These Ụmụ Eze Chima were helped to cross by the locals who had themselves settled there two generations earlier under the leadership of Nnebisi, who had himself left his hometown, Nteje in today’s Anambra State. Nteje itself has Igala origins, and I have an appointment with the Eje of Ankpa in today’s Kogi state, to discuss this relationship (note the title of their traditional ruler — Eje, and then relate it to Nteje)…
According to Dennis Osadebey in the book, ”Building a Nation”, Nnebisi was the son of an Nteje woman, Diaba, who had gotten pregnant for an Igala man, Ojobo. Nnebisi grew up in Nteje thinking he was of the kindred, but one day, after a quarrel, he was told that his father was not from there, so he could not take part in land sharing. He thus left Nteje with his followers, and followed a route which brought him to the great river.
If you look at a map of those areas, it is quite easy to trace the route taken by Nnebisi, which must have taken him through Nsugbe, and then along the Anambra River (Ọma Mbala), and then to the point where the Anambra River joins the Niger River. That precise point where the Anambra River joins the Niger River, is coincidentally, the precise point where you can take an eight minute boat ride and land at Cable Point in Asaba.
Nnebisi and his people crossed, landed at Ikpele Nmili and decided to plant their crops there for the year, given that planting season was just starting. A year later, they were pleasantly surprised to find how good their harvest was (of course the area is rich in alluvial soils brought from upstream by the river), so they decided not to move from there. Nnebisi called the place Ani Ahaba (We have settled in this land), and four hundred years later, some white chap hearing the name that the natives called their land, wrote “Asaba” in his map, and not Ahaba.
That man was Carlo Zappa, an Italian priest who was appointed Prefect of the Upper Niger by the Catholic Church to build the faithful in the region. He spent a lot of time converting the natives in both Asaba and Onitsha, and all the way to Ojoto, East of the Niger, and Agbor, West of the Niger. A look through Catholic records during the era of the Ekumeku resistance will show that at the turn of the century, most of the Catholic priests in what is now the Diocese of Issele Uku in Delta State, came from the Onitsha area, as they were all under the same ecclesiastical province. These records are still available.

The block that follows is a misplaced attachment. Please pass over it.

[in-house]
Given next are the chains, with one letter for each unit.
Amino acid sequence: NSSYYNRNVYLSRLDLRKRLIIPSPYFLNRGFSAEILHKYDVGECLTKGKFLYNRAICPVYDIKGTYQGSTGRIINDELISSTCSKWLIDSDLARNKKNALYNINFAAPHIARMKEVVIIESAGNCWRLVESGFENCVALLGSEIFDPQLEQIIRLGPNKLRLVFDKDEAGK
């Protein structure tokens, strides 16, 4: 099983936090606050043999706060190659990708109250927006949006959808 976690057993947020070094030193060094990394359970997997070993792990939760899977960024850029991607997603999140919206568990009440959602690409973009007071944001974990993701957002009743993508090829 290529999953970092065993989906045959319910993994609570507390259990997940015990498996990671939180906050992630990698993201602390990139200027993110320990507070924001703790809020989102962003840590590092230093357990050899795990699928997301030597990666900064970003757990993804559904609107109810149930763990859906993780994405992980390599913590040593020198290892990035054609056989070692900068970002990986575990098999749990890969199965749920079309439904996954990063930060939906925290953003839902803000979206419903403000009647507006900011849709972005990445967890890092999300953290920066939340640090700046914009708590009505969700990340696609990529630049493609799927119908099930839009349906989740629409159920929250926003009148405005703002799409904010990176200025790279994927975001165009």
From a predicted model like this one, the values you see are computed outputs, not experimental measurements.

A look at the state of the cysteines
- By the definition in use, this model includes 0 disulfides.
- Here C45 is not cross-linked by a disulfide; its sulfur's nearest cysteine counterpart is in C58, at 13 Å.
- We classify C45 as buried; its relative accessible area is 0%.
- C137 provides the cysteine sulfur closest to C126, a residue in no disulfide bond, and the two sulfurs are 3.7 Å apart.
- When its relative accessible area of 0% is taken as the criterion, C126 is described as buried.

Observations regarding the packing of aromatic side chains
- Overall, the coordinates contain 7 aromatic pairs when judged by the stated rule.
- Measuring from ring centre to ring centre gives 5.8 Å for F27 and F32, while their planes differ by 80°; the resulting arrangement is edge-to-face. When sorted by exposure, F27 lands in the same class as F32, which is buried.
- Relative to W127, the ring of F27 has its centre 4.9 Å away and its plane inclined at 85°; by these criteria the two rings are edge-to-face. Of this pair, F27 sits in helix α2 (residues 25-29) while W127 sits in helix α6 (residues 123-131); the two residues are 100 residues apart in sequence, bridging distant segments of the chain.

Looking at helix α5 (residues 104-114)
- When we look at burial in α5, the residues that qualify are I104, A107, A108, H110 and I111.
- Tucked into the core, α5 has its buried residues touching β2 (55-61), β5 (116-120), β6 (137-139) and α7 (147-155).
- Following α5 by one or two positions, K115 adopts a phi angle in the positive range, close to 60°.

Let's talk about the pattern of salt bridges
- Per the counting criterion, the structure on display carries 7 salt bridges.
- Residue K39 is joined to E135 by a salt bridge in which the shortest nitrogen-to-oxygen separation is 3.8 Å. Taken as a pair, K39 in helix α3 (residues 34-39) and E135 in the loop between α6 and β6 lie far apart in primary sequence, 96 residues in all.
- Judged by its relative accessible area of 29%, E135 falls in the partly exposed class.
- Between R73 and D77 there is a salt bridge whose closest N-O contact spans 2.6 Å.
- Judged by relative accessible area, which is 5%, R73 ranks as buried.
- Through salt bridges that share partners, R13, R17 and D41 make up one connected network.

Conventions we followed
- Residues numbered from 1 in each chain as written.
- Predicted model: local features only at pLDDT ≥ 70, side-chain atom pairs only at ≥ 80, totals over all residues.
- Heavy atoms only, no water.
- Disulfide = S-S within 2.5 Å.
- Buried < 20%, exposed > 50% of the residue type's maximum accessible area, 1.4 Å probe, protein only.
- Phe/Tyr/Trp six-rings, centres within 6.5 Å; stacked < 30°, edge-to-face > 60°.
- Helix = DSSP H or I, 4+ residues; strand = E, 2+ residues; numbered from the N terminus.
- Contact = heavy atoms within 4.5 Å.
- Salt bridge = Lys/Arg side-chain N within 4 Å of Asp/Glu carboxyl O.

A look at the roll call of the dead from the Aba Women’s Riot of 1929, shows that the wife of the Sanitary headman in the Opobo area, was from Asaba, which kind of tells you the direction in which people went in the decades leading up to the split of Southern Nigeria into East and West in 1954. Up until that point in 1954, many from the Igbo speaking areas just west of the Niger River, found it easier to cross the river to do their business. And why not?
The distance between Asaba and Owerri is just 102km. Asaba to Enugu is 125km, while Asaba to Umuahia is 142km. All of these places are closer to Asaba than Warri, which in modern Nigerian geopolitics, is in the same state as Asaba. Warri is 176km from Asaba. The Asaba man, when he arrives in either of Enugu, Owerri or Umuahia, speaks the same language as the people in those places, barring the normal dialectal differences that occur in languages that are spread over large geographical areas. This same Asaba man, would arrive in Warri, and would be at a complete loss as to what the native in Warri is saying.
Referring back to Dennis Osadebe, I’ll recommend that any young Anioma person who wants to learn his history should find Osadebe’s book, ”Building A Nation”, and read it. Osadebe understood where he was coming from, and was unequivocal about it. Thus it was that he joined first the Asaba Union, then by sheer force of will helped to coalesce it into the Western Ibo Union, and then by 1939, he was the General Secretary of the Ibo Union. He joined OBN Eluwa on his trip around both Eastern and Western Igboland between 1947 and 1953, a trip which created the Igbo identity that we know today (until 1966) at least.
Osadebe was at the forefront of agitation to remove the Asaba Division from the Benin Province to which it had been joined in 1931 and either rejoin it to the Onitsha Province where it had been prior, or create a province of its own. Of course that agitation fell flat in 1954 once the Southern Region was split into East and West, but being a pragmatic fellow, Osadebe teamed up with his Benin and Delta Division neighbours to campaign for the creation of the Midwest Region, a campaign which succeeded in 1963 with Osadebe becoming Premier of the region.
Even at that, Osadebe maintained his close relations with his kin from across the river, and thus it was that when war broke out four years later, more than any other, Osadebe’s people, from Asaba, bore the biggest blow that any town in Nigeria faced, the Asaba Massacre of 1967.
To be continued in next edition